influence (DUI) case, Cardwell failed to disclose to the prosecutor and to the
court that his client had previously been convicted of driving while ability
impaired (DWAI).” In re Cardwell, 50 P.3d 897, 898 (Colo.2002).

In commenting on Cardwell’s misrepresentations, the Supreme Court

noted that even though his misrepresentations to the court were influenced by

his zeal to protect his client’s interests and in the heat of the moment, these
circumstances did not excuse Caldwell’s conduct. Noting that disbarment
would normally be appropriate under these circumstances, the Supreme Court
suspended Cardwell rather than disbarring him after considering the
mitigating and aggravating factors. The People argue that the Hearing Board
should follow the Court’s decision in Cardwell and suspend Respondent. We

Respondent argues that the Hearing Board should be guided by the

Supreme Court’s decision in People v Small, 962 P.2d 258 (Colo. 1998) rather
than Cardwell. There, the Supreme Court found a public censure appropriate.
Small had been charged with a violation of Colo. RPC 3.3(a)(1) after he testified
falsely in a civil action. In the disciplinary proceedings, both parties stipulated
Small caused damage to the legal system by misrepresenting under oath in a
civil case that he had insurance at the time he was involved in an auto
accident. In deciding that a public censure was appropriate, the Supreme
Court found that Small’s misstatement did not go to a dispositive or material

The Hearing Board finds that Small is inapposite. In short, Respondent’s

case is substantially more egregious. Unlike Small, Respondent planned to
deceive the Supreme Court for nearly two weeks (June 19 through June 28) on
a matter that was relevant and dispositive to the Court’s decision on whether
Respondent’s brief should be accepted or dismissed.

While we find Respondent’s deception to be more egregious than that of

Small, we also find that substantial weight should be given to Respondent’s
timely effort to rectify the consequences of her misconduct. Had it not been for
Respondent’s remedial efforts, disbarment would have been the presumed
sanction. See In the Matter of Fischer, 89 P3d 817 (Colo. 2004) and People v.
Nulan, 820 P.2d 1117 (Colo. 1991).


One of the primary goals of our disciplinary system is to protect the

public from lawyers who pose a danger to them; Respondent’s conduct posed
such a danger. The clear and convincing facts reveal Respondent violated Colo.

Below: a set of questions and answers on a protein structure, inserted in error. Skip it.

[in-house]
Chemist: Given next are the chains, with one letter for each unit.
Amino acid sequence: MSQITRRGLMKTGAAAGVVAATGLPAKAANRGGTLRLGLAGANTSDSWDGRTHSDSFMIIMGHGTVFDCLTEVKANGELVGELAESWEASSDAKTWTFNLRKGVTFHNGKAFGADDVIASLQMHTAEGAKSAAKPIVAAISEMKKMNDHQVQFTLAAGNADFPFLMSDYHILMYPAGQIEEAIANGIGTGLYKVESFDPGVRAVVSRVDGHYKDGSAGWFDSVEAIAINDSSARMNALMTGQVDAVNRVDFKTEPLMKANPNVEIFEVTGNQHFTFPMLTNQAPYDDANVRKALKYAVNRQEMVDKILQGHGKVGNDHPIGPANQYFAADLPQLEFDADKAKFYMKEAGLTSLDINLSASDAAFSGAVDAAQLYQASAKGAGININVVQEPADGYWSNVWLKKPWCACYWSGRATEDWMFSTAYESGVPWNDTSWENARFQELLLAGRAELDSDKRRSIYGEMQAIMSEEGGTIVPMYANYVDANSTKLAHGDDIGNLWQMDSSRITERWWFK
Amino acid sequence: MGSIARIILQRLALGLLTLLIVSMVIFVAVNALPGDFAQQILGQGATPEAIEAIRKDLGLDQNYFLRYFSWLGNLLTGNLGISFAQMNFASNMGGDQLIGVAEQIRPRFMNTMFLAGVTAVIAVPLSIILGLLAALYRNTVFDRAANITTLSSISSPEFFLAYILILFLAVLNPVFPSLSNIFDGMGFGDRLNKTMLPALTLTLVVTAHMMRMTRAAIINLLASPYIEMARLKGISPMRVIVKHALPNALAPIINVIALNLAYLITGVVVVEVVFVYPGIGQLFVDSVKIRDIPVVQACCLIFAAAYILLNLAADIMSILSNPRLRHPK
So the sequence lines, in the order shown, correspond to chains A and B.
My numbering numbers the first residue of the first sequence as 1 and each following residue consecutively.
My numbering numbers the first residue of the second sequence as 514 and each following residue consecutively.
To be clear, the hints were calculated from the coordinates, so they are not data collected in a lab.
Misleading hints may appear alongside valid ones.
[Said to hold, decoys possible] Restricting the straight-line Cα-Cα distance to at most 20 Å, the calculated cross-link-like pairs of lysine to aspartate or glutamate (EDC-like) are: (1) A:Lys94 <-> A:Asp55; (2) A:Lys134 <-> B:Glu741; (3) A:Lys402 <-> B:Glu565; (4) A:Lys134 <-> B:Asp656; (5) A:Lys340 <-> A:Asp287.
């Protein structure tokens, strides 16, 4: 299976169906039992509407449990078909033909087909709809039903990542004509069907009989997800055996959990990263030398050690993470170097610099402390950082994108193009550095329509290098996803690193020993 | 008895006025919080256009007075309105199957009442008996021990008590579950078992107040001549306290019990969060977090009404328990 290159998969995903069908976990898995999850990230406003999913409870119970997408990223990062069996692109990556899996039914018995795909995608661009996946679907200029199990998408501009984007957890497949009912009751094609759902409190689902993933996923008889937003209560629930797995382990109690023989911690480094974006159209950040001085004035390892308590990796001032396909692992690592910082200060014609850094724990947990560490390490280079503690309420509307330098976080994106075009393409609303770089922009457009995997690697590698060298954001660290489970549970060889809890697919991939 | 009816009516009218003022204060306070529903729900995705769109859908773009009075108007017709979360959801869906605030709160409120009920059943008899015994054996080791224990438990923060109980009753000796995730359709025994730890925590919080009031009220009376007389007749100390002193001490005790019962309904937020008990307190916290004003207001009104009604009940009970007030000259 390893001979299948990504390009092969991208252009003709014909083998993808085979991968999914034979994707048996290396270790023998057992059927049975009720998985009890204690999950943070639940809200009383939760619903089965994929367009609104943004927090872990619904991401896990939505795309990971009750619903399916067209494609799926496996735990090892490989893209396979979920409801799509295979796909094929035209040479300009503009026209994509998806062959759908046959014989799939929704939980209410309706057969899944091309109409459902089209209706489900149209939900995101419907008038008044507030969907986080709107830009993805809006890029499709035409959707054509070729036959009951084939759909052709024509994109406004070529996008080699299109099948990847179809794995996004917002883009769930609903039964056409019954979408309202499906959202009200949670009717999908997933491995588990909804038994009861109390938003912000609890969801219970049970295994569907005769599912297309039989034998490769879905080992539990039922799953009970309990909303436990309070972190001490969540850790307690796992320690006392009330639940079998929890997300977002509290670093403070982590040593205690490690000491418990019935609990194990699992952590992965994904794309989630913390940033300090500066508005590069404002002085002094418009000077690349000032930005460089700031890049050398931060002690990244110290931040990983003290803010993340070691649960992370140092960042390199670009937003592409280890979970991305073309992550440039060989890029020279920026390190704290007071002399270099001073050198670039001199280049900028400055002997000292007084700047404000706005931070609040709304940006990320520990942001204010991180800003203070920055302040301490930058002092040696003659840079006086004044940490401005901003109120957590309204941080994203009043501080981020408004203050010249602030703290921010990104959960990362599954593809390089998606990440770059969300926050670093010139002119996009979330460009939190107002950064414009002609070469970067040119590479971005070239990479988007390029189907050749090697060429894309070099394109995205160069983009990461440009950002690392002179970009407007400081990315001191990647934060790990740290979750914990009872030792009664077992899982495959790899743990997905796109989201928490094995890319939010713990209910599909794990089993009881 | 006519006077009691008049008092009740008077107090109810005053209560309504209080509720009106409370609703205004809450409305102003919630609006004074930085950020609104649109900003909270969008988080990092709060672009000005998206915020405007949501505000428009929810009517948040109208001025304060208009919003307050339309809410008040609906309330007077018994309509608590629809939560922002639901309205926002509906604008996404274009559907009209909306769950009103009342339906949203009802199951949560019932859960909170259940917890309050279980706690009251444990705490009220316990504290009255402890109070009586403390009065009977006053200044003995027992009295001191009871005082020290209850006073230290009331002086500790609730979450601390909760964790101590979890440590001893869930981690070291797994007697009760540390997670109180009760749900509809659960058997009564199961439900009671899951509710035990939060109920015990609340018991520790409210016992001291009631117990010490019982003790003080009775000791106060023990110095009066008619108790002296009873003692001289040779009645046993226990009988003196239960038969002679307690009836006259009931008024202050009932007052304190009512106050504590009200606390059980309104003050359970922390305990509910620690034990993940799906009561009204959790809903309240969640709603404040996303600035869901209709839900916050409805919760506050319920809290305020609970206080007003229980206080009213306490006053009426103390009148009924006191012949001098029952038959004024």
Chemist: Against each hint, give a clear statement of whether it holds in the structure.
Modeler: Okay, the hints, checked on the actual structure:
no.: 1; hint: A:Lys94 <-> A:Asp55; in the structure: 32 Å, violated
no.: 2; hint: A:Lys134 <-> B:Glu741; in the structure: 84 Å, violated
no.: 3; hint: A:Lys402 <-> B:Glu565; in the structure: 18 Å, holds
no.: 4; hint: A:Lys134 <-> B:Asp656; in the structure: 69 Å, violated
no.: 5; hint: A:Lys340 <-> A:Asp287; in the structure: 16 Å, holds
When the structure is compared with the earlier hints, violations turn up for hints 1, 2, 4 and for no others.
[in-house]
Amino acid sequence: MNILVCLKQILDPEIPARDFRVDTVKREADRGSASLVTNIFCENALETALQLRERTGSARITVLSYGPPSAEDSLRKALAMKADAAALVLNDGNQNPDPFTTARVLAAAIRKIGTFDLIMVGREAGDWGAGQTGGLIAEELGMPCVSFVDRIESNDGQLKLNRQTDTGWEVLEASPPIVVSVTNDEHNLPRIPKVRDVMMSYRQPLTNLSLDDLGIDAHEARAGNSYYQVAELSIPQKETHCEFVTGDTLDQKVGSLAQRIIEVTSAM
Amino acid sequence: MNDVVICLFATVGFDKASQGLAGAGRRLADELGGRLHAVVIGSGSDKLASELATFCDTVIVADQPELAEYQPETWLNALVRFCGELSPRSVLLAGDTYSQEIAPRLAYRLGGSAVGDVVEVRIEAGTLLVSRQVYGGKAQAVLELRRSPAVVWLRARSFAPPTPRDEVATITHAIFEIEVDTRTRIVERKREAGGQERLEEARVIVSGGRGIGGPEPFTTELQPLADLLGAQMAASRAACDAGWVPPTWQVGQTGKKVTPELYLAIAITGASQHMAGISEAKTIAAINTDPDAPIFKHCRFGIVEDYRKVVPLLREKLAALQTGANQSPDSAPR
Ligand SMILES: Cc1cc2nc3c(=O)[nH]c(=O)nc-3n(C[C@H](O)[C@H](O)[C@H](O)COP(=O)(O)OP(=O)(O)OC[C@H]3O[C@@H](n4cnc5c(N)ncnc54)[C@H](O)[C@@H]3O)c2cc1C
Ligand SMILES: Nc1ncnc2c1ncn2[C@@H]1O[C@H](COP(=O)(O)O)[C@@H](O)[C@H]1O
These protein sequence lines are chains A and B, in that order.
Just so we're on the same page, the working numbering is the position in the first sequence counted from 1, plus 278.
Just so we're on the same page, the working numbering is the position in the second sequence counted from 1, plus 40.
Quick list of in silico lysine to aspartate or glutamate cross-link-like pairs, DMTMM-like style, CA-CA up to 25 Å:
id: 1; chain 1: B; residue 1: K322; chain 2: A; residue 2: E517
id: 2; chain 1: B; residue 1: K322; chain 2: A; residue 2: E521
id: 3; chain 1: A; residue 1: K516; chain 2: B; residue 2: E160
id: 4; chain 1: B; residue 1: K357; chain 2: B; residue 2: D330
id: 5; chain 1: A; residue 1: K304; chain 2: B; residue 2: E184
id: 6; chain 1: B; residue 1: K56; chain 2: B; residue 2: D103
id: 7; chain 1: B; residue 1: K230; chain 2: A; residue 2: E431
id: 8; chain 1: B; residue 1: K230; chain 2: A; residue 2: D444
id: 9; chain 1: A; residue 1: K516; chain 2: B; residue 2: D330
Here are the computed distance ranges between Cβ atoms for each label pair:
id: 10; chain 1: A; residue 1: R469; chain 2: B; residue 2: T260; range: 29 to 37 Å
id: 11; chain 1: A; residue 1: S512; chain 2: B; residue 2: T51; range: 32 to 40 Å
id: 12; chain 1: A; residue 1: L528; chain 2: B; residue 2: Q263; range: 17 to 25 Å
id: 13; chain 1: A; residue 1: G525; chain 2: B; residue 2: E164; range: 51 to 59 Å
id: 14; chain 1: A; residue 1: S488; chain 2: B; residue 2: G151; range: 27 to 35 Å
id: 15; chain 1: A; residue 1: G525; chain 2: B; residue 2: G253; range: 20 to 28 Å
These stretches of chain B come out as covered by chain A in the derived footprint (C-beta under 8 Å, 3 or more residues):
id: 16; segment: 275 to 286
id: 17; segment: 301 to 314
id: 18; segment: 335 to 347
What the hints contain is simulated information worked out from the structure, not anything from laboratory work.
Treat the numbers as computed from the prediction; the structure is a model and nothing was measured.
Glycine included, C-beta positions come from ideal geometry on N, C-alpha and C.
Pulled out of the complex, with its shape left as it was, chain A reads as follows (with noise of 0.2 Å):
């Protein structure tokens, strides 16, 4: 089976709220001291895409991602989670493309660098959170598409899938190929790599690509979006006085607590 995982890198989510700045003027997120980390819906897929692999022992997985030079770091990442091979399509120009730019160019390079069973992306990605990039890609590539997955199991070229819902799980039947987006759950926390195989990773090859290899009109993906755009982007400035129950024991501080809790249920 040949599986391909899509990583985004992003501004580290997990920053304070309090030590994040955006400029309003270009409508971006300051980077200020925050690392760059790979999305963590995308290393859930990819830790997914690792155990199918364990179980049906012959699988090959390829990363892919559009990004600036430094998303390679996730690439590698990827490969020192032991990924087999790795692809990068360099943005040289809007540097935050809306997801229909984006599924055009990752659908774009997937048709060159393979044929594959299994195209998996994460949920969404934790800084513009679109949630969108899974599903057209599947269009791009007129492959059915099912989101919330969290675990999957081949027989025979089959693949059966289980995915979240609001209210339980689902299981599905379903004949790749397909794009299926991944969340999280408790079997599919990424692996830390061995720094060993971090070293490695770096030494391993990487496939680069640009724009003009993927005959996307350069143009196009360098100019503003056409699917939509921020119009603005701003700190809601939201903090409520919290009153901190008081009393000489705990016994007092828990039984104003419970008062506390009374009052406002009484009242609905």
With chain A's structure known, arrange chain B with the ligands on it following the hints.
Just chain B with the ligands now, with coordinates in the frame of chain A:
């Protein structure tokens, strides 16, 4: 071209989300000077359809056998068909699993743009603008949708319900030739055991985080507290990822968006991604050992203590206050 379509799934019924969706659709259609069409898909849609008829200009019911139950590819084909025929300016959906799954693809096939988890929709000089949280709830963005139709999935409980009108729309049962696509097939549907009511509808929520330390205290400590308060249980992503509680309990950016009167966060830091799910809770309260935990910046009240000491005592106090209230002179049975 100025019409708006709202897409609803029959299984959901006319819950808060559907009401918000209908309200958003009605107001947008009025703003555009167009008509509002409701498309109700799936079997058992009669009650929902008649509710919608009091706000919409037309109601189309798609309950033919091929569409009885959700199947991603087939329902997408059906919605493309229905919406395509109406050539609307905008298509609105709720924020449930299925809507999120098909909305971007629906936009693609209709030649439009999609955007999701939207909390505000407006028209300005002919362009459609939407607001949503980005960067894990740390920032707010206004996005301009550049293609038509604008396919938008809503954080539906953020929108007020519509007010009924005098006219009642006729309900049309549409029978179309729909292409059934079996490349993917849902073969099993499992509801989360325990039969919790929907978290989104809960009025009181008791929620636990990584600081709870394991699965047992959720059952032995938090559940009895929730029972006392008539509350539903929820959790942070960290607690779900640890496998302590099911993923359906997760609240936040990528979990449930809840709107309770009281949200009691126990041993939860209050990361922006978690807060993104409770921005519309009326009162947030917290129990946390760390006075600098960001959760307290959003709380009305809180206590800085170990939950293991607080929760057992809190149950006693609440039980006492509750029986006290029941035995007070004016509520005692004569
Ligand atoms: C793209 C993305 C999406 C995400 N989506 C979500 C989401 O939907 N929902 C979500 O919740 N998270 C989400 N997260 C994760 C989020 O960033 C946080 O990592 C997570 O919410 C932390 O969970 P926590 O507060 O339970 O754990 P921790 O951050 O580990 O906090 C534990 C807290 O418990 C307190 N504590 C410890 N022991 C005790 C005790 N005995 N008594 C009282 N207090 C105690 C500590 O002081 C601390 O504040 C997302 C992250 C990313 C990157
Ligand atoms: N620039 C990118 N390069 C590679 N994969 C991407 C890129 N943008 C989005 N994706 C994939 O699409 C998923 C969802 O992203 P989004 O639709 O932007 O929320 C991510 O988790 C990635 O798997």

RPC 8.4(c), 3.3 and 1.3 when she failed to diligently complete CPA’s brief and
lied to the Court in an effort to buy more time to complete it. Absent
extraordinary factors in mitigation, the ABA Standards and Colorado Supreme
Court case law applying the ABA Standards both support disbarment or a
lengthy suspension. However, we are convinced that the mitigation in this case
warrants less than a lengthy suspension as was imposed in Cardwell. Our
decision on the appropriate sanction is based substantially upon Respondent’s

admirable action in self-reporting her misconduct. This factor alone
distinguishes her actions from the decision in Cardwell.


The Hearing Board therefore ORDERS:

1. ALISON MAYNARD, Attorney Registration No. 16561 is hereby

SUSPENDED from the practice of law for a period of ONE YEAR
successful completion of a two-year period of probation with
conditions. Respondent shall not engage in any further
violation of the Colorado Rules of Professional Conduct. As a
further condition of probation, Respondent shall attend and
successfully complete Ethics School sponsored by the People.
The suspension shall commence thirty-one (31) days from the
date of this order.

2. ALISON MAYNARD SHALL pay the costs of these proceedings.

The People shall submit a Statement of Costs within fifteen (15)
days from the date of this order. Respondent shall have ten (10)
days thereafter to submit a response.





Copies to:

April M. Seekamp Via Hand Delivery

Office of Attorney Regulation Counsel

Gregory G. Sapakoff Via First Class Mail

Counsel for Respondent

E. Steven Ezell Via First Class Mail

John E. Hayes Via First Class Mail
Hearing Board Members

Susan Festag Via Hand Delivery

Colorado Supreme Court